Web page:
Harrier history

Conceived as a high-performance machine, like the factory triples of the 1970s, the Hyde Harrier has been described as a sleek road-legal 130mph cafe racer. It was the brainchild of Norman Hyde, who started work at the Triumph factory in Meriden in 1965, and was part of the team that developed the three-cylinder 750cc BSA and Triumph racers of the early Seventies. He was also a successful drag racer and record-breaker. Unveiled at the 1987 Motorcycle Show, the Harris Performance-made chassis was a revelation, enabling riders to cope with the big increases in engine performance from tuned Triumph engines and advances in suspension and tyre technology.

Lester and Steve Harris utilised their experience of high level racing to produce a radical new frame and swing-arm that would accept the engine and running gear from a donor Triumph Bonneville twin (or triple-cylinder Trident). Handling was transformed with superb frame bracing, steeper fork angle and the use of a longer swing-arm. However, the new design also allowed the engine to be moved forward, which, to the surprise of many experts, provided a more stable ride. racers immediately realised the potential of this machine and the first Harrier race bike won its inaugural race at Scarborough in 1988, in the hands of TT legend Geoff Johnson.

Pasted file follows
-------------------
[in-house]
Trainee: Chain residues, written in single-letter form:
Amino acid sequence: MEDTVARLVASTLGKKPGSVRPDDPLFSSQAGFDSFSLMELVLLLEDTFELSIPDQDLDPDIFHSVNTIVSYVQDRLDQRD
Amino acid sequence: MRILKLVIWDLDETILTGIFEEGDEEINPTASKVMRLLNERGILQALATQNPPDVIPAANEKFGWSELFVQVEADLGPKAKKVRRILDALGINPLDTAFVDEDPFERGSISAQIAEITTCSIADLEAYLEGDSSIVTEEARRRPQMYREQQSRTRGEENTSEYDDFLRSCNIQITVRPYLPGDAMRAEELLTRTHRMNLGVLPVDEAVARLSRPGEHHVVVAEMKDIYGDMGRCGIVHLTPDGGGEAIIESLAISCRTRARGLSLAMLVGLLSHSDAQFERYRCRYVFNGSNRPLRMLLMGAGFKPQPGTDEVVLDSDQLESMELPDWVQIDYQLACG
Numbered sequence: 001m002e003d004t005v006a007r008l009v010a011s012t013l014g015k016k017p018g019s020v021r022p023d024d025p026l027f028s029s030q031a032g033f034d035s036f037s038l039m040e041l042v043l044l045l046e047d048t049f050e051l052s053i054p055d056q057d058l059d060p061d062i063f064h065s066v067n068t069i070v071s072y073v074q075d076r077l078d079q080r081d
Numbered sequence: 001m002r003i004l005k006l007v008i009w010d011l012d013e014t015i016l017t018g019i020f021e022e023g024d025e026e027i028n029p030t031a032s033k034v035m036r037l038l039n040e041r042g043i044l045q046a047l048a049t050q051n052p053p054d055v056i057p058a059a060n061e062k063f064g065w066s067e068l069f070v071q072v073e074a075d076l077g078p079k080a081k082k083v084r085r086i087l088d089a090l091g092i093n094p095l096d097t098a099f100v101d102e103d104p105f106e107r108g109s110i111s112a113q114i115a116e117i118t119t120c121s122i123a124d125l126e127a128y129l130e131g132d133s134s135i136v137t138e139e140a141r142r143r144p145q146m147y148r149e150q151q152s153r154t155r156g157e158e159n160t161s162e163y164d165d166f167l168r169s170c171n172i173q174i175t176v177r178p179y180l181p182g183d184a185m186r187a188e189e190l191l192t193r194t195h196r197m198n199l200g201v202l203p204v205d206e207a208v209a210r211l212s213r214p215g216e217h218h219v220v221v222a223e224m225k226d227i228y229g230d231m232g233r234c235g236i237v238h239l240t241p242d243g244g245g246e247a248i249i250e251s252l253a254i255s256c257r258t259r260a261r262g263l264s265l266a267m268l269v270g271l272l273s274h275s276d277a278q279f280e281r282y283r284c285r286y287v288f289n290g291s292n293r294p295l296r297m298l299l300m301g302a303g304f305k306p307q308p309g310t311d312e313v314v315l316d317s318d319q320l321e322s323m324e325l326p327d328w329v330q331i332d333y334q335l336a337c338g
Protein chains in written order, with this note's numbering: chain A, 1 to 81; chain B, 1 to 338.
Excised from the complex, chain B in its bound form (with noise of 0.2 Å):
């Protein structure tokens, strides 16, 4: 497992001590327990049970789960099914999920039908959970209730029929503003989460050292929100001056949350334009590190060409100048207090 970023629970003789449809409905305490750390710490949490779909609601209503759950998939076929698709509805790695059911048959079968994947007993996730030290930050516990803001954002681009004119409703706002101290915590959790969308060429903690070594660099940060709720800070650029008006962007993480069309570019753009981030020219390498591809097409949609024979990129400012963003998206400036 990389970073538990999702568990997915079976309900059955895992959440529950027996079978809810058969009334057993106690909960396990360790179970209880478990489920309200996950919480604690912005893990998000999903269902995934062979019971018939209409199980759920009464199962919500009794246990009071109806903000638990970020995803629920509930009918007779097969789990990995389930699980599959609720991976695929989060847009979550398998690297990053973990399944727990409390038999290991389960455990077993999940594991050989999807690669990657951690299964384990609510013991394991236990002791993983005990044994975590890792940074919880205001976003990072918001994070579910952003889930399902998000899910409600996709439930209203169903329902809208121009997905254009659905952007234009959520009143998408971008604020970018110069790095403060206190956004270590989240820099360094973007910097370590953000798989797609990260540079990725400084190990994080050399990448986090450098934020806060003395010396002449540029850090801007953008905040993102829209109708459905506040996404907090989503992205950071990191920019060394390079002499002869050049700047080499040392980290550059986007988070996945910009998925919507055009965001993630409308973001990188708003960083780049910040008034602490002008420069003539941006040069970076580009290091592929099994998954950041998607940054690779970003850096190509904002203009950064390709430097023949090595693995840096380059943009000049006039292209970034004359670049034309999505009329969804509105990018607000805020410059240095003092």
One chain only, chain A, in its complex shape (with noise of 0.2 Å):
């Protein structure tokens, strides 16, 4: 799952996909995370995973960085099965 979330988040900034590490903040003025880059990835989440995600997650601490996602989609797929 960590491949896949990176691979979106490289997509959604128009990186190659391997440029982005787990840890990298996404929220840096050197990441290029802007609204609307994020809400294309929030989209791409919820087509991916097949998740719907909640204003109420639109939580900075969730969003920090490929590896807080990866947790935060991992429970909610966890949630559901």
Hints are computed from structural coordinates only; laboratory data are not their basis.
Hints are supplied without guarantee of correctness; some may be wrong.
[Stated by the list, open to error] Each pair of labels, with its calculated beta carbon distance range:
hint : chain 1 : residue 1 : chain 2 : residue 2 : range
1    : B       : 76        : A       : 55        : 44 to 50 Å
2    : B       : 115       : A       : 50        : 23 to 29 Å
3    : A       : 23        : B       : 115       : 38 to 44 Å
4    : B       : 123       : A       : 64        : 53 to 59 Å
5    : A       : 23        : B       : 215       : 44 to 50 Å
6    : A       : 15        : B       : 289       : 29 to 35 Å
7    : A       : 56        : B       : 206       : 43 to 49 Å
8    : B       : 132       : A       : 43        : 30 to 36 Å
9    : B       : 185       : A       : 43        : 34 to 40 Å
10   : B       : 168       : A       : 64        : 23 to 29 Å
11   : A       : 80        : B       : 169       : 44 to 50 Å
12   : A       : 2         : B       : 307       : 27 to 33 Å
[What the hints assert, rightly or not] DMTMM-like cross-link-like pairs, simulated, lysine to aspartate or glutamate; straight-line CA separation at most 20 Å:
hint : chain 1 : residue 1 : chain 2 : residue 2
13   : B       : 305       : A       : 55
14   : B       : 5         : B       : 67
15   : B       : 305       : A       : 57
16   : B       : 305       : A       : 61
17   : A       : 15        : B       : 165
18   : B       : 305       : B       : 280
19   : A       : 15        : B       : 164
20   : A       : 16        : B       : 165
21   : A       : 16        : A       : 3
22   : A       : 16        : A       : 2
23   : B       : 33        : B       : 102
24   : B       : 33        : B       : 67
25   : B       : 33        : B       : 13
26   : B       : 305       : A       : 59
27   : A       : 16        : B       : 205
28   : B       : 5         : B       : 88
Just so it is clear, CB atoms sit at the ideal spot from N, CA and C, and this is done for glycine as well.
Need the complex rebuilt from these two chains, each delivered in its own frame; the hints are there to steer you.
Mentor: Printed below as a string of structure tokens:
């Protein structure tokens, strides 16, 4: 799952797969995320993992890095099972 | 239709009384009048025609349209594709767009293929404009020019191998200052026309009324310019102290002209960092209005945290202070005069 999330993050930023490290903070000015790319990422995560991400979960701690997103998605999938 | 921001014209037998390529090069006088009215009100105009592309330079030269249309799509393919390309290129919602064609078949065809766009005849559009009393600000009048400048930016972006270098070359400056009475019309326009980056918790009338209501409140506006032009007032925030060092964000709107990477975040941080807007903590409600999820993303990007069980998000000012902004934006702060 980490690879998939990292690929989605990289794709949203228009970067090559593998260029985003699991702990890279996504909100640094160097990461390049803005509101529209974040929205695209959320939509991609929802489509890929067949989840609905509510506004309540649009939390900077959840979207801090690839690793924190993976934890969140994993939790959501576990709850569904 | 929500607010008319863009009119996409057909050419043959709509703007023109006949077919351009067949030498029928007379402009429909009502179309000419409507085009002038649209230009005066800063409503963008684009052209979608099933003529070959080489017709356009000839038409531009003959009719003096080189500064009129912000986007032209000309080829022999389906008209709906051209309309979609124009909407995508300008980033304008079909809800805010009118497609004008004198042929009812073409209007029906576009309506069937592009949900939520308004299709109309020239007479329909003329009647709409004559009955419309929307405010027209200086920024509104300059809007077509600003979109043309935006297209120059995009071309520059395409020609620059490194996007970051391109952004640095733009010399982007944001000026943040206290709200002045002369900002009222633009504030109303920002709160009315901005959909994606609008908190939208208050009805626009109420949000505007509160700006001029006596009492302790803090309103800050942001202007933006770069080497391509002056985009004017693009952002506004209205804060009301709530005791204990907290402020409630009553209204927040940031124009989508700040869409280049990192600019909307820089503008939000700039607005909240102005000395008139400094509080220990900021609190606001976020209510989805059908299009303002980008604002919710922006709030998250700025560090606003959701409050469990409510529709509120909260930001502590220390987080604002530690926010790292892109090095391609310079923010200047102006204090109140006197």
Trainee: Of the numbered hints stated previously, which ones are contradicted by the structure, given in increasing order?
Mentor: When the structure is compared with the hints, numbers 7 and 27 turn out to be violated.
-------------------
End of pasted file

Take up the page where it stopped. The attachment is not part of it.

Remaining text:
Hyde Harrier chassis kits for Meriden Triumphs are still available today and there is a stunning example on display in the National Motorcycle Museum. One of the more modern machines in the collection, it is powered by the electric-start 750cc T160 Triumph Trident unit made from 1975-1977. A prototype design for Hinckley-built Bonnevilles (the Jubilee) was unveiled at the 2008 Motorcycle Show.